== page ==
In recent months, we have seen a wave of violence by extreme elements of Venezuela’s right-wing opposition aimed at ousting the elected government.

These attempts have intensified following President Chávez’s death last year – as the right-wing opposition believe that their time has come, despite the election of former union leader and bus driver Nicolas Maduro.

His party won December’s elections with a nationwide 10 point lead. Yet, nevertheless, just a few months later, extremists in the opposition unleashed the latest wave of violence.

Tragically, 42 Venezuelans have died following the explicit call for the undemocratic and unconstitutional ousting of Venezuela’s elected government. The principal causes are lethal opposition violence and the use of deliberately dangerous street barricades.

In a wave of terror against the population, government and public service buildings – from hospitals to universities to public broadcasters – have been attacked.

Of particular importance to conference is that our sister trade unions in transport have been attacked by far-right elements due to their commitment to the revolution. Workers in the Caracas metro and on buses have faced dozens of violent attacks – we must stand by them in defending their progress and calling for peace.

We need to remember though conference that this tiny minority are not without assistance – they receive regular verbal support from the US as well as millions of dollars.

USA Sanctions have now been proposed by the Republican right and passed in Congress.

One can only conclude that some in the US share the Venezuela opposition’s aim to oust the Maduro government.

Perhaps that’s not surprising as Venezuela has the largest oil reserves in the world. But it should not be tolerated. Venezuelans have the right to choose their own government free from outside interference.

Europe and the UK should respect this right too, in Venezuela, Ecuador and elsewhere.

This must include promoting dialogue with progressive governments such as Ecuador, rather than denying visas as this motion rightly alerts us to.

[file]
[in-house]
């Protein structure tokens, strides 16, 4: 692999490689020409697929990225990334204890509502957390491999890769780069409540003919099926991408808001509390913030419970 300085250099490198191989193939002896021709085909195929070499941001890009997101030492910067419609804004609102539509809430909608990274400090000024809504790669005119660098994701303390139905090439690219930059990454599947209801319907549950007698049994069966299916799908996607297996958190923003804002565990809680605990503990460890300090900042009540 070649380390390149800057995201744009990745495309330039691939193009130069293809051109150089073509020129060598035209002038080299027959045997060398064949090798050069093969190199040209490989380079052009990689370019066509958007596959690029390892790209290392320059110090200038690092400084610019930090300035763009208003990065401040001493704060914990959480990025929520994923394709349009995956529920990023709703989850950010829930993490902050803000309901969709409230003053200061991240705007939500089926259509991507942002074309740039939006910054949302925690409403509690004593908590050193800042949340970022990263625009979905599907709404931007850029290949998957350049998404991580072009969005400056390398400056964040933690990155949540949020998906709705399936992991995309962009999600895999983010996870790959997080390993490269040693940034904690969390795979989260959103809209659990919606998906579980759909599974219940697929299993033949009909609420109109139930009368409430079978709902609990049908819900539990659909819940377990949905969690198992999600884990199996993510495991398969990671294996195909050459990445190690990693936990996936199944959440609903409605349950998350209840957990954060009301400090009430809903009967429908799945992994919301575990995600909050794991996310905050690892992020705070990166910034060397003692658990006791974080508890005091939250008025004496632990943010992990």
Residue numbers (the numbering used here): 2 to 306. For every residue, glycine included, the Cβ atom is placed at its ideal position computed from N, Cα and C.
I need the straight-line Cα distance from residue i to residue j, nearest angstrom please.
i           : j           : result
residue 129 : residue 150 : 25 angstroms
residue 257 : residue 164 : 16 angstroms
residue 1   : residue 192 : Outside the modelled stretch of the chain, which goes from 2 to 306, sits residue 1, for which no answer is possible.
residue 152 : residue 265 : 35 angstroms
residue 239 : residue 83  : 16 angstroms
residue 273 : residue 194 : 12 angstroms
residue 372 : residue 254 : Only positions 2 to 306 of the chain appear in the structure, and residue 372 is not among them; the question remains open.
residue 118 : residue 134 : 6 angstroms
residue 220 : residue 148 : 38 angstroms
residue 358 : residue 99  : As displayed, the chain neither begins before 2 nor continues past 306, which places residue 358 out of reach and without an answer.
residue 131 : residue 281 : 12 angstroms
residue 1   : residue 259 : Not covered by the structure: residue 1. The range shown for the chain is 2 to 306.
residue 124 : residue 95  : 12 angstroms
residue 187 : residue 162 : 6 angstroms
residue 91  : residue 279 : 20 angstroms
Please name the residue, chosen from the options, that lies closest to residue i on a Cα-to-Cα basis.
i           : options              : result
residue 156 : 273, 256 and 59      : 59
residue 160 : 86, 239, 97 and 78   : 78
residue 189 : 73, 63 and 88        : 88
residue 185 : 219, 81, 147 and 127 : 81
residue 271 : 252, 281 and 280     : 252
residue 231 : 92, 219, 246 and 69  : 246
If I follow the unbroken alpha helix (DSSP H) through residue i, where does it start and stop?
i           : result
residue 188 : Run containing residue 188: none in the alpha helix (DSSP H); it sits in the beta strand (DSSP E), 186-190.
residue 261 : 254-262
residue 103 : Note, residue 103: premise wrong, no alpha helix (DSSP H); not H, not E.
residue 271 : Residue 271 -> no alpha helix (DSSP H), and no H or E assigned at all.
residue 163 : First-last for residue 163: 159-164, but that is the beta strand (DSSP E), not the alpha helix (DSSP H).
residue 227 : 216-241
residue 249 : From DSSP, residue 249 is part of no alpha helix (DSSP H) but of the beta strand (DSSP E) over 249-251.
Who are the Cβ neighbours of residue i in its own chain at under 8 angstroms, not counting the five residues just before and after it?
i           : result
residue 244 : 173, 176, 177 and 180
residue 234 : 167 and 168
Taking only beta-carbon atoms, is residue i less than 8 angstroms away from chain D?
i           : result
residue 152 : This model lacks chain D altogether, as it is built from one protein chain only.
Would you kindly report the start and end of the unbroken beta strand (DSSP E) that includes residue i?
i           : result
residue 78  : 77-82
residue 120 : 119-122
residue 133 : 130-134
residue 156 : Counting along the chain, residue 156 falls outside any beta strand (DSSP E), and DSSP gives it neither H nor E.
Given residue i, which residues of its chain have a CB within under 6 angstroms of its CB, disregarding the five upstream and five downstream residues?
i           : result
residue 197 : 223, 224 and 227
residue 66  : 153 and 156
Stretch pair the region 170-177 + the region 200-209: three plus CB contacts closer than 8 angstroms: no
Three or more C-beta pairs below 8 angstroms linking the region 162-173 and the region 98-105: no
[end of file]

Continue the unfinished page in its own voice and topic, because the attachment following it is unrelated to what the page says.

To conclude, our International solidarity can help to defeat these attempts to overturn social progress.

You can take action by lobbying your MP to join the 6o already who have spoken out against USA sanctions on Venezuela via the VSC website or do it on their stall here at conference.

Finally, you can affiliate your branch to the Venezuela Solidarity Campaign and support the Work of Friends of Ecuador.

Let’s loudly say No More Pinochets in Latin America!

SECONDING SPEECH NOTES:

Conference, you will have heard at this and many other conferences about progressive and trade union movements in countries such as Colombia in Latin America being persecuted, and working people across the world targeted for economic crises they did not cause, so its great to also be able to talk about those countries like Venezuela and Ecuador in Latin America where our solidarity is with positive changes.

I would like to just add a few points on why Venezuela is an important issue for us as trade unionists.

Unite has long term support for Venezuela and the VSC, who are kindly hosted by our London and Eastern Region. As the proposer has said this revolution is under threat from the former ruling elite in Venezuela and externally, from their paymasters in the US who are proposing sanctions.

Part of Hugo Chavez’s legacy is that Venezuela now has progressive economic and social policies and respects trade union rights, with the Labour Law a vital part of this.

The law was based on 6 months of consultation with working people and their organisations by the Venezuelan President and government. Over 20,000 different proposals were submitted.

There are many positive aspects to the new law – but I would like to highlight a few key points that have particular relevance to Britain;

•           Enshrining the right to form trade unions, trade union freedom, the right to strike and take secondary and solidarity action,

•           Recognition of the right to collective bargaining, and an obligation on employers to negotiate with trade unions,

•           An end to outsourcing and the use of agency labour to undermine terms and conditions,

•           The right to social security – including pensions – for all workers for the first time,

•           A shorter working week,

•           Extended maternity and paternity leave,

•           The prohibiting of all discrimination; and a positive obligation to promote and support employment for disabled workers.

•           Finally, the right to training and education for all workers.

On May Day this year increases in pensions, the minimum wage and public sector wages were announced, further improving the lives of millions.

Of course, such change has enemies, and powerful enemies at that. The former ruling elite of Venezuela who left so many Venezuelans living in terrible poverty want the former status quo returned. They have international friends in this aim – including the United States.

Venezuela does however, have many friends, especially ourselves in the trade union movement, and we can be confident that in the future our solidarity can help our Venezuelan comrades build further on our advances in workers’ rights and social inclusion.

So what kind of solidarity can we offer?

•           Joining VSC as an individual and affiliating your branch

•           Hosting Venezuelan speakers when they are here and sending our reps on trade union delegations to Venezuela – they are vital for building trade union links and solidarity

•           Passing motions and circulating materials.

Viva Venezuela and the new Latin America!